This week, the narrative of The Waste Land changes once again. From a game of chess between a couple who has lost interest in each other, we travel now to a bar where two women are having a conversation.

I did not make a mistake there, Eliot does use ‘what you done’. Remember, this epic poem is about the loss of culture and education in post First World War society. The noble Albert has been in the trenches all this time and now he is coming back. A woman is telling Albert’s wife that she will be held accountable for how she looks.
Teeth are a very powerful symbol. In dream analysis and symbolism, dreaming of losing one’s teeth is not a good sign. In fact, it is probably the worst thing you can dream of. 

Our modern day society puts a lot of emphasis on teeth for aesthetic and health reasons. In communities where poverty is prevalent, the lack of affordable oral health care is a big problem, as many diseases become entrenched in the body through lack of buccal health. In certain parts of Canada and the US, it was common practice -even as close as one generation ago- to pull out people’s teeth and have them wear dentures. This was quite dramatic if you were a 20 year-old who had to take out her teeth in the evening and you suddenly looked like an 80 year-old.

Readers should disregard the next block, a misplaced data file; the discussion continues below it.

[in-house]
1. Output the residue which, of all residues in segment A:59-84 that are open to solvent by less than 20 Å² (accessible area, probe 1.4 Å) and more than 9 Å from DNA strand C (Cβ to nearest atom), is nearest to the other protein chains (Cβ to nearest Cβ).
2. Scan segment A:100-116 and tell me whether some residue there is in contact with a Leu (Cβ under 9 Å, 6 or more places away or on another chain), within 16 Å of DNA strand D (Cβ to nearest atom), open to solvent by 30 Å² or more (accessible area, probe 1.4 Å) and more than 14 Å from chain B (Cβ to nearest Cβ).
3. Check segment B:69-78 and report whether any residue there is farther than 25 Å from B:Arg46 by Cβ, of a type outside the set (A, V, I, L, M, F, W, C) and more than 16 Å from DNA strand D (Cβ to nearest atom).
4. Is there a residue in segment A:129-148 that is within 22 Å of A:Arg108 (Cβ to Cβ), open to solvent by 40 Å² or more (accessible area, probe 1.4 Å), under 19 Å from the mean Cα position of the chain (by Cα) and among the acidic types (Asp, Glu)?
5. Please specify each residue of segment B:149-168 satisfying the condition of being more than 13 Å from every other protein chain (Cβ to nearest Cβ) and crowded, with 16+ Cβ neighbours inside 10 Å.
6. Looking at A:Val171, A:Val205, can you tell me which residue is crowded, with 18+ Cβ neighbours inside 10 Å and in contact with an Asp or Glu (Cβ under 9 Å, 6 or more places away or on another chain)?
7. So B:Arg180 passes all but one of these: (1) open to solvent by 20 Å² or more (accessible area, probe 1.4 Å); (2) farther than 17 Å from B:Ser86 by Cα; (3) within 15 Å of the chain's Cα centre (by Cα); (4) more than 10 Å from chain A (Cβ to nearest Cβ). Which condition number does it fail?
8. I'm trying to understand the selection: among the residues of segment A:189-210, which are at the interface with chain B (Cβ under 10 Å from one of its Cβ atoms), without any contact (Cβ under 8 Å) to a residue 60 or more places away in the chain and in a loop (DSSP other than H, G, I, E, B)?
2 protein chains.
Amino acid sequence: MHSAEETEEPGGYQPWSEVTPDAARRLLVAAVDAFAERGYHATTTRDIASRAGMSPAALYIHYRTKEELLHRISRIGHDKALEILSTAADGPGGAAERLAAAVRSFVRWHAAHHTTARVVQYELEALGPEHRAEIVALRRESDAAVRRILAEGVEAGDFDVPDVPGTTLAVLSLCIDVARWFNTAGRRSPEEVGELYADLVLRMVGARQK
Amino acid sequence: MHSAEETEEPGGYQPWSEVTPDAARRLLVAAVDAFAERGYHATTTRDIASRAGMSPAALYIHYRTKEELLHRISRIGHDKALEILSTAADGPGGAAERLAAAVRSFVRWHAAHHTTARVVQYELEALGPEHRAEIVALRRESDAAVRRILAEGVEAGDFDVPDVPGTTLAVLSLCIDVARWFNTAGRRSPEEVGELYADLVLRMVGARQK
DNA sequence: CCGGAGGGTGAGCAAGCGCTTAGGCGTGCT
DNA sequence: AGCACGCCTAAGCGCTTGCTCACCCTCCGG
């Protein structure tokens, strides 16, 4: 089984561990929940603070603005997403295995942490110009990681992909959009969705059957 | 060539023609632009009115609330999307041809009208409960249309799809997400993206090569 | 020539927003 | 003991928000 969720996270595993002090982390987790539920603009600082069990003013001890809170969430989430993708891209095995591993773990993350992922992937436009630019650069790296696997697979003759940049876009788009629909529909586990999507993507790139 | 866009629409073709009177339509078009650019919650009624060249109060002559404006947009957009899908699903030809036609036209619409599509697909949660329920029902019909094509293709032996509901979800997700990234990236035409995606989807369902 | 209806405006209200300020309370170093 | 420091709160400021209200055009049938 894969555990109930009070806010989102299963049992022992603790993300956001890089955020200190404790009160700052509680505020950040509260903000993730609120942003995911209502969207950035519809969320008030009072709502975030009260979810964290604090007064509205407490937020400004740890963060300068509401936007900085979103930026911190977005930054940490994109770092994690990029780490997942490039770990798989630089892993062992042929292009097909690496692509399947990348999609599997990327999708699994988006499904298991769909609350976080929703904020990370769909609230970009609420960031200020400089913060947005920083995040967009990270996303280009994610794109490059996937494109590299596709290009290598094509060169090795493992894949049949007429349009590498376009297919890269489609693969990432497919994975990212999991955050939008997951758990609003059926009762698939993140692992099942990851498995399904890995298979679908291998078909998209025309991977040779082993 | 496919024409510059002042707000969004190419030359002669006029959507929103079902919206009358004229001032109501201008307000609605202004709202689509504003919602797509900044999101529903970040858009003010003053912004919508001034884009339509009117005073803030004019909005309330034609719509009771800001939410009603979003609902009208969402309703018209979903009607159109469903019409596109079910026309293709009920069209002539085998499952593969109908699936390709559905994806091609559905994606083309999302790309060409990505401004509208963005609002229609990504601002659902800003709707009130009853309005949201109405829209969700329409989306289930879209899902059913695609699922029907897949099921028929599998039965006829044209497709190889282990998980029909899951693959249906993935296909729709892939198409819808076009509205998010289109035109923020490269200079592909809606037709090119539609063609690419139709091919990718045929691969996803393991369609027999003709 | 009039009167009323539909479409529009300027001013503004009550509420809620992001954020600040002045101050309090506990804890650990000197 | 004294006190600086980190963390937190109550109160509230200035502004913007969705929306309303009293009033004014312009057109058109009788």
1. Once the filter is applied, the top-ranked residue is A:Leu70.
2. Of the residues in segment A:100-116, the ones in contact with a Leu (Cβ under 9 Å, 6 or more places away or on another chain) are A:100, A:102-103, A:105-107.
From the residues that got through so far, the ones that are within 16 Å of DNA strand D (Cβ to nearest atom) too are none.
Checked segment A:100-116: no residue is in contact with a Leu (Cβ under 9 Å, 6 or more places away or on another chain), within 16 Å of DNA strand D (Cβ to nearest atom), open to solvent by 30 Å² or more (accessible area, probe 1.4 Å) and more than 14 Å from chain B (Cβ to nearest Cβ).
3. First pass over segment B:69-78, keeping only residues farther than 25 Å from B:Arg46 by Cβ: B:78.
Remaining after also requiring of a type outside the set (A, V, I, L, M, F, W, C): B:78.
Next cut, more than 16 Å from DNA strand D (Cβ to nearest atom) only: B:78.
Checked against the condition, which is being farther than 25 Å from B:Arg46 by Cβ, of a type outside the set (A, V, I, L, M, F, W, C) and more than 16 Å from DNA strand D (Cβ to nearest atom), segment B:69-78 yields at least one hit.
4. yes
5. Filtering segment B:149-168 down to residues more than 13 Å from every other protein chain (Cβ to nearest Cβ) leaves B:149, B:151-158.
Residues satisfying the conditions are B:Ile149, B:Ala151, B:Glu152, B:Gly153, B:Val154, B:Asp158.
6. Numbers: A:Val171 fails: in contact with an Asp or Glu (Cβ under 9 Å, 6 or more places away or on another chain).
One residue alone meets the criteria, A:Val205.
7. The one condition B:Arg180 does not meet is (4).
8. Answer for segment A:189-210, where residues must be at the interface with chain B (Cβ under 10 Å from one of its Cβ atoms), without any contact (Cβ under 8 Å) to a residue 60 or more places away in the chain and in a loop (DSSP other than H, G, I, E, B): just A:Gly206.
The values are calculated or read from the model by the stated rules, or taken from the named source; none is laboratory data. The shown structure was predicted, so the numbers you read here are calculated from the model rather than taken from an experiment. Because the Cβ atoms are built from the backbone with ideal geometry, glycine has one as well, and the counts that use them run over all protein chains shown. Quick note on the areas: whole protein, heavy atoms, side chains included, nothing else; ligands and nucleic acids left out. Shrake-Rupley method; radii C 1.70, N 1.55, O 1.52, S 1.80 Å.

In any case, Albert loves his lady and has given her money to get new teeth. But has she?

This part of the poem that we will explore in the next weeks touches upon themes that are near and dear to me: the female experience, obedience, friends who are really enemies and the right of dominion over our own reproductive rights. I hope you’ll come around!